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Railway to Roof of the World Threatens to Squeeze Tibet

[WTN-L World Tibet Network News. Published by The Canada Tibet Committee. Issue ID: 05/08/04; August 4, 2005.]

LHASA, Tibet: Thursday, August 04, 2005 (AFP) - Under a blistering Himalayan sun, 500 workers are completing the Lhasa River Bridge, part of a 1,142-kilometer (708-mile) project that will link Tibet by rail to the outside world for the first time.

Remarkably for a project that will supposedly bring new hope and opportunity to the local economy once it becomes operational in 2007, only a tiny number of the 500 people toiling on the 929-meter (3,056 feet) bridge are Tibetan.

"Very few of the people employed here are ethnic Tibetans," said Wang Weidao, chief engineer on the bridge. "They don't have the technical training needed for the task."

While Wang was speaking, workers from as far away as central China's Hubei province were pushing wheelbarrows, sweeping dust and performing other non-specialized or technically undemanding tasks.

Foreign observers have long criticized the rail project, begun in 2001, for favoring members of China's Han majority over Tibetans.

But they also fear that once the railroad has connected Tibet with neighboring Qinghai province in two years' time, it will continue to benefit the Han Chinese first and local Tibetans last.

Officials in Lhasa, by contrast, emphasize the advantages they say the rail line will bring to the Tibetans, such as greatly reduced transportation costs for Tibetan products.

"Tibet is rich in water resources, but if we want to sell water to other provinces, now we have to use trucks or buses," said Xu Jianchang, deputy director general of the Tibetan Development and Reform Commission.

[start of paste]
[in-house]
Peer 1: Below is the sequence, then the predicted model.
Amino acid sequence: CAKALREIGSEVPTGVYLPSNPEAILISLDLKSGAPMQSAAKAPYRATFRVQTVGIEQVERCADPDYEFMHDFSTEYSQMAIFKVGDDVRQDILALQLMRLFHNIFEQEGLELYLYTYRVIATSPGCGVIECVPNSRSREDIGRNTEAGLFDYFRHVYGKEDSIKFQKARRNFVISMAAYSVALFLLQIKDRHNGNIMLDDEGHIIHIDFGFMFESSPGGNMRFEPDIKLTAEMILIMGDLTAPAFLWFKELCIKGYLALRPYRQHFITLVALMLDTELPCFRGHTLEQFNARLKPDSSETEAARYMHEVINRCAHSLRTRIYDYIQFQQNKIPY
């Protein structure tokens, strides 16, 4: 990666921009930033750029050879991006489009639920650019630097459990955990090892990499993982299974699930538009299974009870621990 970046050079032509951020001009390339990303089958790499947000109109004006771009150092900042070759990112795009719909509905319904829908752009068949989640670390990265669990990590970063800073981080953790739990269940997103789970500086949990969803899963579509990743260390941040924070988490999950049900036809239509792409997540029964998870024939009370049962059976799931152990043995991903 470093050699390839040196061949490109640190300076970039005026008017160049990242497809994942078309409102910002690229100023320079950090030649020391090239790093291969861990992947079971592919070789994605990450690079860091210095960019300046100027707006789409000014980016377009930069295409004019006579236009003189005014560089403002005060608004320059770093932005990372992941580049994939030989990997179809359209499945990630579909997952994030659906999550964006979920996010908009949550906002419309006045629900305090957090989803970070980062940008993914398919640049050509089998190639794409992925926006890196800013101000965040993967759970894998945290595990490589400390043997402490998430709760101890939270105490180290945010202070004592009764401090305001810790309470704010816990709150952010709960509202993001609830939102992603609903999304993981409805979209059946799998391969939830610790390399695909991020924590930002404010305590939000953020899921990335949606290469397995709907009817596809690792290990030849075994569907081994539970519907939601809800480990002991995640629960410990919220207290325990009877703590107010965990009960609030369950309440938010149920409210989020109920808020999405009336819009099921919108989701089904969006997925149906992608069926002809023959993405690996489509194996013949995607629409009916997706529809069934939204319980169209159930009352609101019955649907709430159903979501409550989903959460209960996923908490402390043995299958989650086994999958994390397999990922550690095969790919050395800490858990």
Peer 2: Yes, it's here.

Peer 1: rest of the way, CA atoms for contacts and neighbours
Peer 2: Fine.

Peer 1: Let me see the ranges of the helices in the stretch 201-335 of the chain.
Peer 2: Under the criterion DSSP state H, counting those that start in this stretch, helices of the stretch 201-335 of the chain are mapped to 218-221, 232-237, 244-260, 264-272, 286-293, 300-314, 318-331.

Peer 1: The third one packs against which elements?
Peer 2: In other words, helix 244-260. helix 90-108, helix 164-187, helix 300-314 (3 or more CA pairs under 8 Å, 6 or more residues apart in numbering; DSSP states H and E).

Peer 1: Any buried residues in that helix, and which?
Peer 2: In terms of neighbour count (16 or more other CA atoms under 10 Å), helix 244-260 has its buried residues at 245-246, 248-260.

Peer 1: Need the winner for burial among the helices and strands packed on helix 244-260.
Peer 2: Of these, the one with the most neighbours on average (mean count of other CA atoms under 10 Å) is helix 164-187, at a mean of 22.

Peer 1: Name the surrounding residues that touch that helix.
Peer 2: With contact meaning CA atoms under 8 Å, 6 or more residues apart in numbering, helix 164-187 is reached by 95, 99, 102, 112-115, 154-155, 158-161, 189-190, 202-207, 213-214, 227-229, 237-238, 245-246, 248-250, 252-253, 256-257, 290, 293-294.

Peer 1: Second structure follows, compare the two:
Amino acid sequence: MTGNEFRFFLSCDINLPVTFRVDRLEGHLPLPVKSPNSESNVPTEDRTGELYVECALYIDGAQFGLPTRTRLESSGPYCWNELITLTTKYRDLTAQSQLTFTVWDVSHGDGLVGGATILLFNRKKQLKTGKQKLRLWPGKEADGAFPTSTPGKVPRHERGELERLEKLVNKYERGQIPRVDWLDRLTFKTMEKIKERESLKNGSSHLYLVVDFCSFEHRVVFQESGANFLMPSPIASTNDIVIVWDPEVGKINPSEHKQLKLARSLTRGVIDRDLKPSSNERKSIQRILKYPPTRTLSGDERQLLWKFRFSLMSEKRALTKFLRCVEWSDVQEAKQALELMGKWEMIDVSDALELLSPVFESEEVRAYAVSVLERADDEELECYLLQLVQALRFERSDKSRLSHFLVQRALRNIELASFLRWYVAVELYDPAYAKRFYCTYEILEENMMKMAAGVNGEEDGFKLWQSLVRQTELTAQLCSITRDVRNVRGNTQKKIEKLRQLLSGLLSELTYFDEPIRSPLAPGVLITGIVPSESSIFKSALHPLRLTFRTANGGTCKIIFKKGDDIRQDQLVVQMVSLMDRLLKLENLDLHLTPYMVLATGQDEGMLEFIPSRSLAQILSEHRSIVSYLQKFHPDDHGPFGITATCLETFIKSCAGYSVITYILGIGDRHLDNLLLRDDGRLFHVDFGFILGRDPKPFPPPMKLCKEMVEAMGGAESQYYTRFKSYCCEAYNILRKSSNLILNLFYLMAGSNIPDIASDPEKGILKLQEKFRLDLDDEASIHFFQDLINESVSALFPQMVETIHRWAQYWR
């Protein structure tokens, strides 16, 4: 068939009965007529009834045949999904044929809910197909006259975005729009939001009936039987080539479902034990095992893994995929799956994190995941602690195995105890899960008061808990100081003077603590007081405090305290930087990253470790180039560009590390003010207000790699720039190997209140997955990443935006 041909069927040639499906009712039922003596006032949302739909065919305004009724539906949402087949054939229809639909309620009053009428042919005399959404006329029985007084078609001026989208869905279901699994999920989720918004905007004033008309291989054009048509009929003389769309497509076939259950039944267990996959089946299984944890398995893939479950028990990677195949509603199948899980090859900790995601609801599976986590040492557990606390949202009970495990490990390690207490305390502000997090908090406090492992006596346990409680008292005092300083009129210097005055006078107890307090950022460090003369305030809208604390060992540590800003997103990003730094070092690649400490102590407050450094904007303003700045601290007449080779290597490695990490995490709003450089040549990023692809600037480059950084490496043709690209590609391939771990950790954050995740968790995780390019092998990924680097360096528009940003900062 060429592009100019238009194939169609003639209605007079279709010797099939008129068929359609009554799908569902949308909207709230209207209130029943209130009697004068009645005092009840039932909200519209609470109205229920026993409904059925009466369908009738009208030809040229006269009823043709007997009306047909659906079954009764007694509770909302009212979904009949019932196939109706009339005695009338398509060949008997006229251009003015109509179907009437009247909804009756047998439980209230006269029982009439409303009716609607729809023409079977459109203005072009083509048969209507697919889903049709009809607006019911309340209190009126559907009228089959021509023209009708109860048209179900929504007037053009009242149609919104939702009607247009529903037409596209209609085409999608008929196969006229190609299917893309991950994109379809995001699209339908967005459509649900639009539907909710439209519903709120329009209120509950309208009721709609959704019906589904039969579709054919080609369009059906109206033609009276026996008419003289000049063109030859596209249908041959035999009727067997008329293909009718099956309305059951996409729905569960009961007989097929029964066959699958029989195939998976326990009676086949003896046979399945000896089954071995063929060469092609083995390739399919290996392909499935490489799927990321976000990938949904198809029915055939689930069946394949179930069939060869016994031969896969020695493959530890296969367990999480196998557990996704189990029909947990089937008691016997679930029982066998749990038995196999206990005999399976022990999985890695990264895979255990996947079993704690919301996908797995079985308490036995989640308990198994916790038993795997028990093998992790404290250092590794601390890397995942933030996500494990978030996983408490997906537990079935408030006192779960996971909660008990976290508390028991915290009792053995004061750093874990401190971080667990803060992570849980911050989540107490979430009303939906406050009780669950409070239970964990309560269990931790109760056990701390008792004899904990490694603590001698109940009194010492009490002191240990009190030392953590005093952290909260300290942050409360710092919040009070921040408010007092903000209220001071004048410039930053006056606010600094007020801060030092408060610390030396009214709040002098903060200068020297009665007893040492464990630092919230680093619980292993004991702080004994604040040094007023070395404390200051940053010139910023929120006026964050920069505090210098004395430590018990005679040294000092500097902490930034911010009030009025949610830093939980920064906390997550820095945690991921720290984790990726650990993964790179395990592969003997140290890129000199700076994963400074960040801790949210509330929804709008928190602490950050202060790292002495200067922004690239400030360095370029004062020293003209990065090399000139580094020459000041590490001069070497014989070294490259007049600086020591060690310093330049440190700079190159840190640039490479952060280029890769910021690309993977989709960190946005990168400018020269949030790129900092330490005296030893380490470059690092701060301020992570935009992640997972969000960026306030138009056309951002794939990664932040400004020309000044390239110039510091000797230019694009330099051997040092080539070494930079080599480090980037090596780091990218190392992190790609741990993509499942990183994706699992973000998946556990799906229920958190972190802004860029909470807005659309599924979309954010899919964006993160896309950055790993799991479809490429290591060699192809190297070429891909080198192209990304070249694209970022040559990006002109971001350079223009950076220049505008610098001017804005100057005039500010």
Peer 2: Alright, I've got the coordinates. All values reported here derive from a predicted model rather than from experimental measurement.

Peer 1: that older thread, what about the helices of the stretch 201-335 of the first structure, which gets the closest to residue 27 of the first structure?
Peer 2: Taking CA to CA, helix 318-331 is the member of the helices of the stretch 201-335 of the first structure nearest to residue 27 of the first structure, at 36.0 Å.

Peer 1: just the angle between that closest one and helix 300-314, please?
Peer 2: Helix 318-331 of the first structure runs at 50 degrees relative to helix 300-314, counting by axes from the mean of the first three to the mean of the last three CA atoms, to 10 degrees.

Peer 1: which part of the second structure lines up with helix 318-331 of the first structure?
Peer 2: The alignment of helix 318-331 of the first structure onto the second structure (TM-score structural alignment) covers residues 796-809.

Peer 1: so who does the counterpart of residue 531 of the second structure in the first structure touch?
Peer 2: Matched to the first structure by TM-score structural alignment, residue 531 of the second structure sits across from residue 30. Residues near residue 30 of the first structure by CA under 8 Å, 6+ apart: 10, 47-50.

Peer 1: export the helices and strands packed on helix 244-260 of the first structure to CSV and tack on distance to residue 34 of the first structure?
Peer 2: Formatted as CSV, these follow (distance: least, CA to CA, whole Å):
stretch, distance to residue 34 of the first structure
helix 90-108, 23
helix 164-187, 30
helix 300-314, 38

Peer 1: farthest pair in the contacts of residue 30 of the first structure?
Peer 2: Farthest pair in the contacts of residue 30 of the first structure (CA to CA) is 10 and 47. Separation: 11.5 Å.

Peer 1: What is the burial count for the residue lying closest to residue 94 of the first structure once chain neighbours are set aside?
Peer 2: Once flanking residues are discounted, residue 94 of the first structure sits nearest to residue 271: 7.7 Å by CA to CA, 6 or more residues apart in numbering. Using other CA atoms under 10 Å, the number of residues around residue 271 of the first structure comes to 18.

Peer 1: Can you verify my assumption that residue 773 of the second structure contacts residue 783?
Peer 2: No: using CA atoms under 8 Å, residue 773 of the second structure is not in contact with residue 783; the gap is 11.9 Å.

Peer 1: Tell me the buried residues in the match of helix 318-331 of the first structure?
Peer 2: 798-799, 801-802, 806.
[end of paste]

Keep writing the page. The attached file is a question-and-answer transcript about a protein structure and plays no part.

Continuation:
"After the rail is constructed, the local resources can be transported at much lower fees," he said.

But what worries pro-Tibet advocates overseas is that when the rail link is completed, a train ride from Beijing to Lhasa will take just 48 hours, and Tibet will suddenly be within much easier reach for millions of job hunters.

The Tibetans, who are already under pressure from massive Han immigration, could end up becoming even more marginalized, said Kate Saunders, the Washington-based spokeswoman for the International Campaign for Tibet.

"Population movements will be encouraged by the shorter travel times, lower transportation costs, and enhanced connections to an increasingly Chinese cultural and economic network," she said.

"These movements represent a significant threat to the livelihoods and culture of the Tibetan people as well as to their prospects for achieving genuine political autonomy."

Local officials acknowledge that the rail will make it easier for Han Chinese to go to Tibet, but deny that Tibetans have so far lost jobs to migrant workers.

Currently, about 50,000 migrants arrive annually in Lhasa, a city of about 250,000, said Zhang Jianbo, a senior macroeconomist with the development and reform commission. Most of them leave after a few months of employment, he said.

But some do decide to stay on, and gradually they succeed in pushing Tibetans out of entire industries at a time, critics argue.

In one high-profile instance, taxi drivers were mostly Tibetan until a few years ago, but are now mainly Han Chinese.

"That's because the taxi business has become less lucrative and many Tibetans have decided to change jobs," said Zhang, the economist.

For those who worry that Tibet may disappear in a flood of Han migration, there may be hope after all.

Anecdotal evidence suggests that there are limits to how much labor the Tibetan economy can absorb.

"I've been here for six years, but I'm going home next year," said Li Wei, a worker at odd jobs who originally hails from northwest China's Gansu province.

"Work is getting too difficult to find. There are just too many people flooding the market. They come from all over the country."

But for every worker who returns home disenchanted, there may be many more who seek new lives on China's western frontier.

"It will be a long time before immigration reaches saturation point," said Saunders. "The Tibetan countryside is so huge, and economic problems in China force more Chinese to migrate."

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